The process is underway to create a motion to dismiss in the Texas Rules of Civil Procedure. The Texas Supreme Court Advisory Committee on Nov. 18 discussed draft rules to create a motion to dismiss, pursuant to a provision in the 2011 loser-pays bill, House Bill 274. The subcommittee that created the draft rules plans to present revisions on Dec. 9, which will reflect the advisory committee’s suggested changes, says subcommittee chairman David Peeples. “It was a very helpful discussion,” says Peeples, presiding judge of the 4th Administrative Judicial Region in Bexar County. He notes that the Nov. 18 discussion lasted from 9 a.m. to 3 p.m. H.B. 274 called for creation of a motion to dismiss for claims that have “no basis in law or fact.” Peeples says much of the advisory committee’s discussion focused on how to define that phrase. The subcommittee’s draft rules say, “A claim has no basis in law when it is not warranted by existing law or by a reasonable argument for the extension, modification, or reversal of existing law or the establishment of new law.” They continue, “A claim has no basis in fact when no reasonable person could believe that the material allegations are true.” The subcommittee plans to tweak that section of the draft rules, says Peeples. “We’re going to go back to the drawing board on that part of it,” he says. There was more discussion at the meeting on the definition for “no basis in fact” than on the “no basis in law” portion, he says. The draft rules also addressed the timeline to file a motion to dismiss, a party’s right to amend its pleading, and the court’s award of costs and attorney’s fees to the prevailing party, among other things.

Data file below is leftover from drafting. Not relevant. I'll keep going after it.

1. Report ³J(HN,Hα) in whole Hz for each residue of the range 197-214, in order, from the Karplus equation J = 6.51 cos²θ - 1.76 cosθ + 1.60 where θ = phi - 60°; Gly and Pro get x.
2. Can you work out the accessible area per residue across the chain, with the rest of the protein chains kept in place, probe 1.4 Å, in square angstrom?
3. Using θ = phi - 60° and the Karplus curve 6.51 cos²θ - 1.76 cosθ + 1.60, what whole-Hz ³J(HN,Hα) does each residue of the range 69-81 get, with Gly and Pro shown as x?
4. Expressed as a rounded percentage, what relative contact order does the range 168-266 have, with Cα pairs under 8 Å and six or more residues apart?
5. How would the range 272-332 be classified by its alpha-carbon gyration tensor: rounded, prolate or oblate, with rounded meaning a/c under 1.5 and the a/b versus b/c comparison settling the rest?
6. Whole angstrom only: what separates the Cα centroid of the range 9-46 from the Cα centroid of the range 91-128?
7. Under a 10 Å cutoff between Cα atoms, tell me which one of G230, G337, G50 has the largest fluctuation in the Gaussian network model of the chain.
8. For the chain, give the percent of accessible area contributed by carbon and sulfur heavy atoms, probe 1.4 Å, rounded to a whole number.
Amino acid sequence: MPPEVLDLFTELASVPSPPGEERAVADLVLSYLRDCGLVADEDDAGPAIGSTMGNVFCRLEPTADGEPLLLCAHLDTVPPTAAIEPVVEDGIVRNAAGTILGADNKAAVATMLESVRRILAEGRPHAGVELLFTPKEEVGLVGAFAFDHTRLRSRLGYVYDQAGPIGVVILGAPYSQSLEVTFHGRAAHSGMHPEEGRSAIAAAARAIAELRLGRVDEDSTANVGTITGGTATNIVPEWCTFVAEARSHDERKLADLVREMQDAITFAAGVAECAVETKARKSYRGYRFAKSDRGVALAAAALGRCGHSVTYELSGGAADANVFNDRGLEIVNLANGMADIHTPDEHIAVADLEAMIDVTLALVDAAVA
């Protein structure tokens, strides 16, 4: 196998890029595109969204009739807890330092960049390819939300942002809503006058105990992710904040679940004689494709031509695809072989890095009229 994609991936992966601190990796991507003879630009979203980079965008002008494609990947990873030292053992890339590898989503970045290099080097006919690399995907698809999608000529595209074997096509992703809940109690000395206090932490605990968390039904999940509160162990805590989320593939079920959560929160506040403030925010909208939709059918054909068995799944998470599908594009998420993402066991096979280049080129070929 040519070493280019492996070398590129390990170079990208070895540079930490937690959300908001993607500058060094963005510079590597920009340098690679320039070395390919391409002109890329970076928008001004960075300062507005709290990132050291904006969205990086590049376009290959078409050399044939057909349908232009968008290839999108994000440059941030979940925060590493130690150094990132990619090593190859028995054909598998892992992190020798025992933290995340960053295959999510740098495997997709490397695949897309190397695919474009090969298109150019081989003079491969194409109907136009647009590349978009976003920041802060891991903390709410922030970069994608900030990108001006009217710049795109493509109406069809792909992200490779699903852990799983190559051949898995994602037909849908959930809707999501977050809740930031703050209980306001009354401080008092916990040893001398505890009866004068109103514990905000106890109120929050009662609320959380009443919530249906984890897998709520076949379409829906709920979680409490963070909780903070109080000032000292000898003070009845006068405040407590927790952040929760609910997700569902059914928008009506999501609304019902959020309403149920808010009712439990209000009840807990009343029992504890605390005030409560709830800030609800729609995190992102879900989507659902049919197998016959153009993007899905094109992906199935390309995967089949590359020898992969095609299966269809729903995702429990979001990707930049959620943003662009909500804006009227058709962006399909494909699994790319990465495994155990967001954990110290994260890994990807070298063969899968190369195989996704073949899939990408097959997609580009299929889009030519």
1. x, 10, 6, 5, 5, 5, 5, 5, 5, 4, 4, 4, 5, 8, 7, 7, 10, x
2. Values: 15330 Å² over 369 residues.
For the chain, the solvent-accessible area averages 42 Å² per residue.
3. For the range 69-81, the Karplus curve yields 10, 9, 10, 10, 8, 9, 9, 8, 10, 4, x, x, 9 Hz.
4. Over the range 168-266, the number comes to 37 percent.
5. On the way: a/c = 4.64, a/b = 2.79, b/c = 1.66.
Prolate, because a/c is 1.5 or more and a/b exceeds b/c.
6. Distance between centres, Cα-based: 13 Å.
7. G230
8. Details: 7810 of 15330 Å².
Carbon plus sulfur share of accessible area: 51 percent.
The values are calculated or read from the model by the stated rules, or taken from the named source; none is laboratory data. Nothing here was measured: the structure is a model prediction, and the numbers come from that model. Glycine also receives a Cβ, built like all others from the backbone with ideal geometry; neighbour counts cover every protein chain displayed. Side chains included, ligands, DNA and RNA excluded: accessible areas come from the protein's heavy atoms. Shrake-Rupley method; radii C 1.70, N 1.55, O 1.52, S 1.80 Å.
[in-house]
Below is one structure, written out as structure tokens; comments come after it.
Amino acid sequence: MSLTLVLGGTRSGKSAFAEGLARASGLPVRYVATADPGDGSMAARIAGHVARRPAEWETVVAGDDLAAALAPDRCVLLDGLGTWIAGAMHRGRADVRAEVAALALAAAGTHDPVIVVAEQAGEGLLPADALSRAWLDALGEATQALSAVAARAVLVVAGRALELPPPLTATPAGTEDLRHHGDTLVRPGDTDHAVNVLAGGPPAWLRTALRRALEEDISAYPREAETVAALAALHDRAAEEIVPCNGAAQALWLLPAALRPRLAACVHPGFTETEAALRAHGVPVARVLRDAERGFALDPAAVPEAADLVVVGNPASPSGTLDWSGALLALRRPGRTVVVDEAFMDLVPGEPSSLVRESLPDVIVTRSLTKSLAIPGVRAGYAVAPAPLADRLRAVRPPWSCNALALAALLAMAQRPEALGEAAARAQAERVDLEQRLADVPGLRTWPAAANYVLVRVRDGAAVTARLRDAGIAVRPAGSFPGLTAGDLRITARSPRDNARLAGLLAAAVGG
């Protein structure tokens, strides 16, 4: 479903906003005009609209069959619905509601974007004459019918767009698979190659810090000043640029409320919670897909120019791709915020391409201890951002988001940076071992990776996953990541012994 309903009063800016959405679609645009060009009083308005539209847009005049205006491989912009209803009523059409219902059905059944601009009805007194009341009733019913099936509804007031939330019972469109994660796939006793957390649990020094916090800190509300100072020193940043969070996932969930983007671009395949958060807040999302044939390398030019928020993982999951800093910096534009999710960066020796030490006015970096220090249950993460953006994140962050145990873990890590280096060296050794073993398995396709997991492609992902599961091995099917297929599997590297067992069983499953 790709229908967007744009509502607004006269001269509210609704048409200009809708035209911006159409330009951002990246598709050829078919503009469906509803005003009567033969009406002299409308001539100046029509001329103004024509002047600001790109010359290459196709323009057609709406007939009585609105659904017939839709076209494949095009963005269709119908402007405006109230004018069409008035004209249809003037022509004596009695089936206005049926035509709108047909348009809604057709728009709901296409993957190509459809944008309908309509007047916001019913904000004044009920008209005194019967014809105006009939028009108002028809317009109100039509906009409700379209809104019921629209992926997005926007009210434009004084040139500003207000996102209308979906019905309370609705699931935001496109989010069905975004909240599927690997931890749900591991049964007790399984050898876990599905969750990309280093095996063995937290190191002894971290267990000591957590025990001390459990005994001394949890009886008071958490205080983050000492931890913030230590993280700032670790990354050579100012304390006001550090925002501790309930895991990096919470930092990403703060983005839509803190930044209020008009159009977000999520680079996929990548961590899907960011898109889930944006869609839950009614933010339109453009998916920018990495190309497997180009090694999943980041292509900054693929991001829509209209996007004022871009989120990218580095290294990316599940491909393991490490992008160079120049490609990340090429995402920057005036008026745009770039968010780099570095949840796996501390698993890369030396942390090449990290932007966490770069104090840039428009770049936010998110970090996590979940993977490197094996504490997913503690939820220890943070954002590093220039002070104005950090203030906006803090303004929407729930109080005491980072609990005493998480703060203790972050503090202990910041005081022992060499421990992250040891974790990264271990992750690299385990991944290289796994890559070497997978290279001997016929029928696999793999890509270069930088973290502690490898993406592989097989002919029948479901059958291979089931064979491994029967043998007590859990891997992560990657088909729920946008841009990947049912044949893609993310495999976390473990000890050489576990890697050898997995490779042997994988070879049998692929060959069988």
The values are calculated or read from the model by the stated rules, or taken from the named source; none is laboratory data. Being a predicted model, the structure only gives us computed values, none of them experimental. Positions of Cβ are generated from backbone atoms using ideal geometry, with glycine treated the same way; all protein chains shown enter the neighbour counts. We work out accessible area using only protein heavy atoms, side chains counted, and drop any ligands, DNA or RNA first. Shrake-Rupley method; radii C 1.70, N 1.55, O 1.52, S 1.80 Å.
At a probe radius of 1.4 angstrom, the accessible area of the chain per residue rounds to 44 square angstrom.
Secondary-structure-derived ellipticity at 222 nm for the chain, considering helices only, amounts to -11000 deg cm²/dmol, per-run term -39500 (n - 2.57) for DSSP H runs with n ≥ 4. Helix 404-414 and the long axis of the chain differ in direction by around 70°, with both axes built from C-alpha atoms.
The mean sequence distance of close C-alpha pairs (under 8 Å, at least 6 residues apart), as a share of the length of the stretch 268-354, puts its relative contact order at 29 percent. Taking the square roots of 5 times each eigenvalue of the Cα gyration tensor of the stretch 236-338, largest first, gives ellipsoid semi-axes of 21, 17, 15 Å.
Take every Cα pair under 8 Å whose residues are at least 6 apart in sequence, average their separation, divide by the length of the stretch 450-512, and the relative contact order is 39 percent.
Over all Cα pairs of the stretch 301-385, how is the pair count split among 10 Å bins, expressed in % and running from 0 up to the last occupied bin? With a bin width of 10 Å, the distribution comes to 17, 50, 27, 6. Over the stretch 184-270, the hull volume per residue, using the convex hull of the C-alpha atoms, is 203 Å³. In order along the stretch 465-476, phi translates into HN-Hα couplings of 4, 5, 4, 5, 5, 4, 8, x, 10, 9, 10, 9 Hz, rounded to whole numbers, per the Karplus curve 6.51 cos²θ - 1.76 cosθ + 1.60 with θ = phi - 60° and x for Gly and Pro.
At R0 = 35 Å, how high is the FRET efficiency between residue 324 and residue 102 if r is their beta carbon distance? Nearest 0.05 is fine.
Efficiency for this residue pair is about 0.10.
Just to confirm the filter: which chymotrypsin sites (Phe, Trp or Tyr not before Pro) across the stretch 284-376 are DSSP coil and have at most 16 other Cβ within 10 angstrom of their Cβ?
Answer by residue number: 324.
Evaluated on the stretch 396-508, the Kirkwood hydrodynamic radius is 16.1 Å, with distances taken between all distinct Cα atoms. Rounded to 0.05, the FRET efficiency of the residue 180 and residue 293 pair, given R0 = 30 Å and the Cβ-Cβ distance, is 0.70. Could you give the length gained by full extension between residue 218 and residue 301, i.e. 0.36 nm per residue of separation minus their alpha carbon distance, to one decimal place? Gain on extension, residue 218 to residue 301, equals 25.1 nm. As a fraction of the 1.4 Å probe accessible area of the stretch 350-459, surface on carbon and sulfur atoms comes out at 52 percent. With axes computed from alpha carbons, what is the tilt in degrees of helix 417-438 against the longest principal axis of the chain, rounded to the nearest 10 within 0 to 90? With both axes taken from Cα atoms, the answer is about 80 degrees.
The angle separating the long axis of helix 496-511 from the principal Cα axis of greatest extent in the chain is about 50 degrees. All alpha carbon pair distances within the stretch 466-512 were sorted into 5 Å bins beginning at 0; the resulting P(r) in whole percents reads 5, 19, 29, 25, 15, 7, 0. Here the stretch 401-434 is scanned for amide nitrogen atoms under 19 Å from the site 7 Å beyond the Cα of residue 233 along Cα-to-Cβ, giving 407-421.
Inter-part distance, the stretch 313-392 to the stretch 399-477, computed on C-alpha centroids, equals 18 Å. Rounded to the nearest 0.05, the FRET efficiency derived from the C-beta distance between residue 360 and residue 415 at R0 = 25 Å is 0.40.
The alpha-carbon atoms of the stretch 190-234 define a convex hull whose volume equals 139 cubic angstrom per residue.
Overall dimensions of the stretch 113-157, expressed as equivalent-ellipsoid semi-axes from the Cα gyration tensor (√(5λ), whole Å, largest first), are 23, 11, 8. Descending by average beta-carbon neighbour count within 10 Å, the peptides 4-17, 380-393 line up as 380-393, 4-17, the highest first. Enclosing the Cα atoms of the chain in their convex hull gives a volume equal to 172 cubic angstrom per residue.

-- Angela Morris